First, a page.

Narrative of the Life of Frederick Douglass (Mass Market)
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Born into a life of bondage, Frederick Douglass secretly taught himself to read and write. It was a crime punishable by death, but it resulted in one of the most eloquent indictments of slavery ever recorded. His gripping narrative takes us into the fields, cabins, and manors of pre–Civil War plantations in the South and reveals the daily terrors he suffered.
Written more than a century and a half ago by a Black man who went on to become a famous orator, U.S. minister to Haiti, and leader of his people, this timeless classic still speaks directly to our age. It is a record of savagery and inhumanity that goes far to explain why America still suffers from the great injustices of the past.
With an Introduction by Peter J. Gomes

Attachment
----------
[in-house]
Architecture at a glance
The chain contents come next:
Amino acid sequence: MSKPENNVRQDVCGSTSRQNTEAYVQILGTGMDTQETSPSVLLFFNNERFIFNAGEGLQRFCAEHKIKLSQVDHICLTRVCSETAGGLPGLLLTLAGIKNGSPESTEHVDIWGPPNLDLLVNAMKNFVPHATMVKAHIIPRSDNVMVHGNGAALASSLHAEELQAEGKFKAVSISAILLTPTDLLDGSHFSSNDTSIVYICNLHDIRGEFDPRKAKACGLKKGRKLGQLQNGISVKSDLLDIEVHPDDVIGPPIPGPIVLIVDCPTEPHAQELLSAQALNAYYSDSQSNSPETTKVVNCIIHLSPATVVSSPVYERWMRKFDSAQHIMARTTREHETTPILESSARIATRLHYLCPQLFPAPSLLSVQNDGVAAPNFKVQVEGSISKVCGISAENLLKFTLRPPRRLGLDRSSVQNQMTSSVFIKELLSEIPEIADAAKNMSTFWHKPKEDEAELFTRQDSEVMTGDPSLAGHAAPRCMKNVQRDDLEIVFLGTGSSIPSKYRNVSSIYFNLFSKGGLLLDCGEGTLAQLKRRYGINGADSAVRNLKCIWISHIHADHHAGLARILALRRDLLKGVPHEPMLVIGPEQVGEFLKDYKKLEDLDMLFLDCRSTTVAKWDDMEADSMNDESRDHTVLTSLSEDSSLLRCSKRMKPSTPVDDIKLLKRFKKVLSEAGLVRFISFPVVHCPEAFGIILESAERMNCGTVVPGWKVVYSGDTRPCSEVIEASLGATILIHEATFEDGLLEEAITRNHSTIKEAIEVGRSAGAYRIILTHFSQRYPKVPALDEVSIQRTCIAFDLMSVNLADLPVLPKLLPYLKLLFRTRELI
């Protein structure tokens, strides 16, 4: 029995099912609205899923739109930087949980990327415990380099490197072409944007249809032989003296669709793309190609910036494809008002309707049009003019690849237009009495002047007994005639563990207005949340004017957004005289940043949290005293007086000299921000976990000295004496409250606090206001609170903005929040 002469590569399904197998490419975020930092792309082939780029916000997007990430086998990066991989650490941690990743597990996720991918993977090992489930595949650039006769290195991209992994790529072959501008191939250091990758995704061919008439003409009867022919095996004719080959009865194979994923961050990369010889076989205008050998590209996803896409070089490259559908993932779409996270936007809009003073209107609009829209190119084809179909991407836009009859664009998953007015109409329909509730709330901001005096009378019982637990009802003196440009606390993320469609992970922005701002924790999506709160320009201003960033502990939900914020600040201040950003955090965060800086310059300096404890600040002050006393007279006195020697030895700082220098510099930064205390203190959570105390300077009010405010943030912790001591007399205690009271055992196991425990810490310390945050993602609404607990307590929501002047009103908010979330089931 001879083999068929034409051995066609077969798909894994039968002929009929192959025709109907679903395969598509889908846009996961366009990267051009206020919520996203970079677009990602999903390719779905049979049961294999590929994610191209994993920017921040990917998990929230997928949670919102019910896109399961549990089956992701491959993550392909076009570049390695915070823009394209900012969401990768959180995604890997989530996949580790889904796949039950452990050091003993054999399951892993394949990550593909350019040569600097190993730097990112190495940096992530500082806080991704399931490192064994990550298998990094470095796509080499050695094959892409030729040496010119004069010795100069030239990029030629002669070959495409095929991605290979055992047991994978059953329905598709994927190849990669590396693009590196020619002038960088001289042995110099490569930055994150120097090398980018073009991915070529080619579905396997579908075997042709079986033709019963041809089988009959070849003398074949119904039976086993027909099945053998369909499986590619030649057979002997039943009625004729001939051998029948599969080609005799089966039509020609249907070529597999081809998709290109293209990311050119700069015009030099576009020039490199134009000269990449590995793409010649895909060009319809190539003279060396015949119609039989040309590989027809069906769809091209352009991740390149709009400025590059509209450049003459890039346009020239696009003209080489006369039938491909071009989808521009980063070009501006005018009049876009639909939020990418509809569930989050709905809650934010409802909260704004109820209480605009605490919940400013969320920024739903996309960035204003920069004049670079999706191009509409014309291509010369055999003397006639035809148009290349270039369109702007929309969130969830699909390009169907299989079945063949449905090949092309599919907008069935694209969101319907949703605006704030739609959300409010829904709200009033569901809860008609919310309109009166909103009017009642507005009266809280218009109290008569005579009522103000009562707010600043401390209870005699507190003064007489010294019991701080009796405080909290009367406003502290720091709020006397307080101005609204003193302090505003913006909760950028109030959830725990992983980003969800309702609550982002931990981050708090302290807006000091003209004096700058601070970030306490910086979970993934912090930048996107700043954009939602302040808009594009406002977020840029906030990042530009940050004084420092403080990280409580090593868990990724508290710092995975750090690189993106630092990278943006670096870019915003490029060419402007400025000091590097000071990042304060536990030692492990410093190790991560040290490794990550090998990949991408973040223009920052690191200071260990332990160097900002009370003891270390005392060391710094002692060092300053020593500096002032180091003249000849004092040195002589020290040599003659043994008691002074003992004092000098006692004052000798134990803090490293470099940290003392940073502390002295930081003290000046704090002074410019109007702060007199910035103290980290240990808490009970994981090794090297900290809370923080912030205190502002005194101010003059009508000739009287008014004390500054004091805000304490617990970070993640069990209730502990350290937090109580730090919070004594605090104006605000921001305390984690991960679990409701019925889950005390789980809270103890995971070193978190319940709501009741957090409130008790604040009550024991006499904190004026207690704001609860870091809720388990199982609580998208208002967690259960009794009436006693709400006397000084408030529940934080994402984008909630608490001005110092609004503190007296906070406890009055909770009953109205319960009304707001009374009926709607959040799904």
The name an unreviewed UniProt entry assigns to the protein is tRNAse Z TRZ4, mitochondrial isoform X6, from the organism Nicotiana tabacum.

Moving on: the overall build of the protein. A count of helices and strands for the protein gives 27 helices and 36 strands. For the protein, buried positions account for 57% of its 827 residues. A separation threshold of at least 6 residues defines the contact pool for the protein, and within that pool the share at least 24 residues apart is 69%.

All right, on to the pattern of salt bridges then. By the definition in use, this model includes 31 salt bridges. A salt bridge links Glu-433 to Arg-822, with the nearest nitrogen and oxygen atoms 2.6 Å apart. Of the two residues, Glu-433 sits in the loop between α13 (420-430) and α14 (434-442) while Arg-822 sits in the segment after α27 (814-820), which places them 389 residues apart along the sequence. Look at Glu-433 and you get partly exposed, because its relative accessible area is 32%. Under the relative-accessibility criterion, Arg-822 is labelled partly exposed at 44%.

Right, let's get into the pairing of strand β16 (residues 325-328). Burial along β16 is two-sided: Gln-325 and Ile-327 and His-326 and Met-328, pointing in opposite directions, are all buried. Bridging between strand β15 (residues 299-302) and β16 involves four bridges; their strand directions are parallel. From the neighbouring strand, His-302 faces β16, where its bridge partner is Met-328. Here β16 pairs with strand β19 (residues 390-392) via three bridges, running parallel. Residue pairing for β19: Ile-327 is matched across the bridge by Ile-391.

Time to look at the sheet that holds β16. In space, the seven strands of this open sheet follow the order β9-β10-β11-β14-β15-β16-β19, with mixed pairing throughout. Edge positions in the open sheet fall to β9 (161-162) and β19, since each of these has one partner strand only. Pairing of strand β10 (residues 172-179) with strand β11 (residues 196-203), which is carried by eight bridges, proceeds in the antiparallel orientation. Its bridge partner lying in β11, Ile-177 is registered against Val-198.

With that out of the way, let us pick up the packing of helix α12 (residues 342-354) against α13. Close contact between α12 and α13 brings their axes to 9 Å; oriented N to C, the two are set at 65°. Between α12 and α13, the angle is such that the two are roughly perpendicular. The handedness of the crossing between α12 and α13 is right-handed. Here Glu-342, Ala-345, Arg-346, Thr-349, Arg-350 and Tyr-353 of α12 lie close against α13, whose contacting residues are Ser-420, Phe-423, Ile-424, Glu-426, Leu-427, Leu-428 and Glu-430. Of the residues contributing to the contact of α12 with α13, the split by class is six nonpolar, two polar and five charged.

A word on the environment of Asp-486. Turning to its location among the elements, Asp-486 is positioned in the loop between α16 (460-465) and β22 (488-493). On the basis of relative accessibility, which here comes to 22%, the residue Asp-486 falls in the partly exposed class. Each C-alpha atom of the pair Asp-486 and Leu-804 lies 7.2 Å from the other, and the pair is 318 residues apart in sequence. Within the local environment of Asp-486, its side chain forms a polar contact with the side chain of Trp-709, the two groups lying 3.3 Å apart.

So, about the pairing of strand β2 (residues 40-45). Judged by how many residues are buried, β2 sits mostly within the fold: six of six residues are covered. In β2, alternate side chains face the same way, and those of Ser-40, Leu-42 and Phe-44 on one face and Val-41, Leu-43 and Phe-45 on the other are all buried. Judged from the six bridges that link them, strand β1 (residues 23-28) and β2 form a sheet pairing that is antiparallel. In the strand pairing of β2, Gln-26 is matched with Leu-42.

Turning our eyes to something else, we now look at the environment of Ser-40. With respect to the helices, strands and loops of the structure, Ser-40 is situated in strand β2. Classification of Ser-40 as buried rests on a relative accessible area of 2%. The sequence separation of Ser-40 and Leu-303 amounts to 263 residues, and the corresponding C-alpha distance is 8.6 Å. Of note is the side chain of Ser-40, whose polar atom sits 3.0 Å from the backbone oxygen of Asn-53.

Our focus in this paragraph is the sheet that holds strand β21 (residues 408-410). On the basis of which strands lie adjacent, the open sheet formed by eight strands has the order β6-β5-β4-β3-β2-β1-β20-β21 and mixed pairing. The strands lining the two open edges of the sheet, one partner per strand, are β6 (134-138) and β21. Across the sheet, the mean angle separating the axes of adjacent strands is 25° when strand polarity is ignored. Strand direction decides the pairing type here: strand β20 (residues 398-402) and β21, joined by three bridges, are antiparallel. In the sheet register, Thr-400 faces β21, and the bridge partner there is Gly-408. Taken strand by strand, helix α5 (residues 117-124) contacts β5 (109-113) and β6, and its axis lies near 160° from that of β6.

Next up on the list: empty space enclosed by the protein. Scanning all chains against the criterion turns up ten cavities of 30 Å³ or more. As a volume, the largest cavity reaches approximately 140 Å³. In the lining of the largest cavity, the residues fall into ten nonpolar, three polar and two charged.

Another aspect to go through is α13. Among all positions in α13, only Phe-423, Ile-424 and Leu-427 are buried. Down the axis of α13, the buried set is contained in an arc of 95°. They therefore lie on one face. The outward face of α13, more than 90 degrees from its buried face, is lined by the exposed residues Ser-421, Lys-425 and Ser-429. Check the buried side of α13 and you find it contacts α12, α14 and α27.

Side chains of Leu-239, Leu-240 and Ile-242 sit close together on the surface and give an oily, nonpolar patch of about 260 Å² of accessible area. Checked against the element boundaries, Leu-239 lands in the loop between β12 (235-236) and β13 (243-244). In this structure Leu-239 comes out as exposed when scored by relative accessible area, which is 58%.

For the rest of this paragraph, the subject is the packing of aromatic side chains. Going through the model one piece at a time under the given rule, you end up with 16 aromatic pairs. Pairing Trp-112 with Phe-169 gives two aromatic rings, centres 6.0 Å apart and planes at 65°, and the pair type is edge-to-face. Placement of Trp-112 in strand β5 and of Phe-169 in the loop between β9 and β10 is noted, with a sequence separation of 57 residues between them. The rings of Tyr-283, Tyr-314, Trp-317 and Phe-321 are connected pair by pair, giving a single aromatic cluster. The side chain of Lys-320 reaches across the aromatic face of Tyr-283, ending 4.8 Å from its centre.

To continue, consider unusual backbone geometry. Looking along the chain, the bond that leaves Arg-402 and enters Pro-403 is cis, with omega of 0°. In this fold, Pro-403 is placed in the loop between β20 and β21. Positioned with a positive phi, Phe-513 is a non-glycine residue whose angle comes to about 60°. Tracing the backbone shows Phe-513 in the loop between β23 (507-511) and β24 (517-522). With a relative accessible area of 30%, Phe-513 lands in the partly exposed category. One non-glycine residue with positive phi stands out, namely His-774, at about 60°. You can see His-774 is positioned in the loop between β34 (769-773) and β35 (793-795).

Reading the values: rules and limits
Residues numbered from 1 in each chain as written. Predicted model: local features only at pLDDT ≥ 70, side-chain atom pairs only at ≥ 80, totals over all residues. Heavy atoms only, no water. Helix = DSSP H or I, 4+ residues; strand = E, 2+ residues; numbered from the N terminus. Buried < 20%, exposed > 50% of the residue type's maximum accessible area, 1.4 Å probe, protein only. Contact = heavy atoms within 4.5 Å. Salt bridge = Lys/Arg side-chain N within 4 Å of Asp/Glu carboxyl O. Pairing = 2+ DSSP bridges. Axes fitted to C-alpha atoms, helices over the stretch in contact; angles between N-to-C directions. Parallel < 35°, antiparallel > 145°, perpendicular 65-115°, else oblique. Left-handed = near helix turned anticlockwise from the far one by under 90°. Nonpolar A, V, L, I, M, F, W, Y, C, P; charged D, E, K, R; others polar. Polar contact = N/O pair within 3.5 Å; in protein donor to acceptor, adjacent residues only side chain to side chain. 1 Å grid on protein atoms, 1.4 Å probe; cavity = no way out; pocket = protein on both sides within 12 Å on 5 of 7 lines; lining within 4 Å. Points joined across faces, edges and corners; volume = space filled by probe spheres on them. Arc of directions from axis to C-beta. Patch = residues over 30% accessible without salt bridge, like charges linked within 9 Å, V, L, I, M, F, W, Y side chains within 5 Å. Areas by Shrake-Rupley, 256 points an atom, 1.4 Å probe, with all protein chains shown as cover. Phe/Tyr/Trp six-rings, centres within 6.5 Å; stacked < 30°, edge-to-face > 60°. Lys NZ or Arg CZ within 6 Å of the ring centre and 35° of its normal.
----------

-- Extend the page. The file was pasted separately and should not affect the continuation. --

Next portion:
and an Afterword by Gregory Stephens
Peter J. Gomes was the minister at Memorial Church at Harvard University from 1974 until his death in 2011. Among his many books are The Good Book: Reading the Bible with Mind and Heart and Strength for the Journey: Biblical Wisdom for Daily Living.
Gregory Stephens is Lecturer of Cultural Studies and Film in the Department of Literature in English, University of West Indies—Mona. He is the author of On Racial Frontiers: The New Culture of Frederick Douglass, Ralph Ellison, and Bob Marley. Previously he was an award-winning songwriter and journalist in Austin and Laredo, Texas, as well as a bilingual public school teacher (Spanish/English). He lives in Kingston, Jamaica.
“He experienced…the tyranny and circumscription of an ambitious human being who was classified as real estate.”—W.E.B. DuBois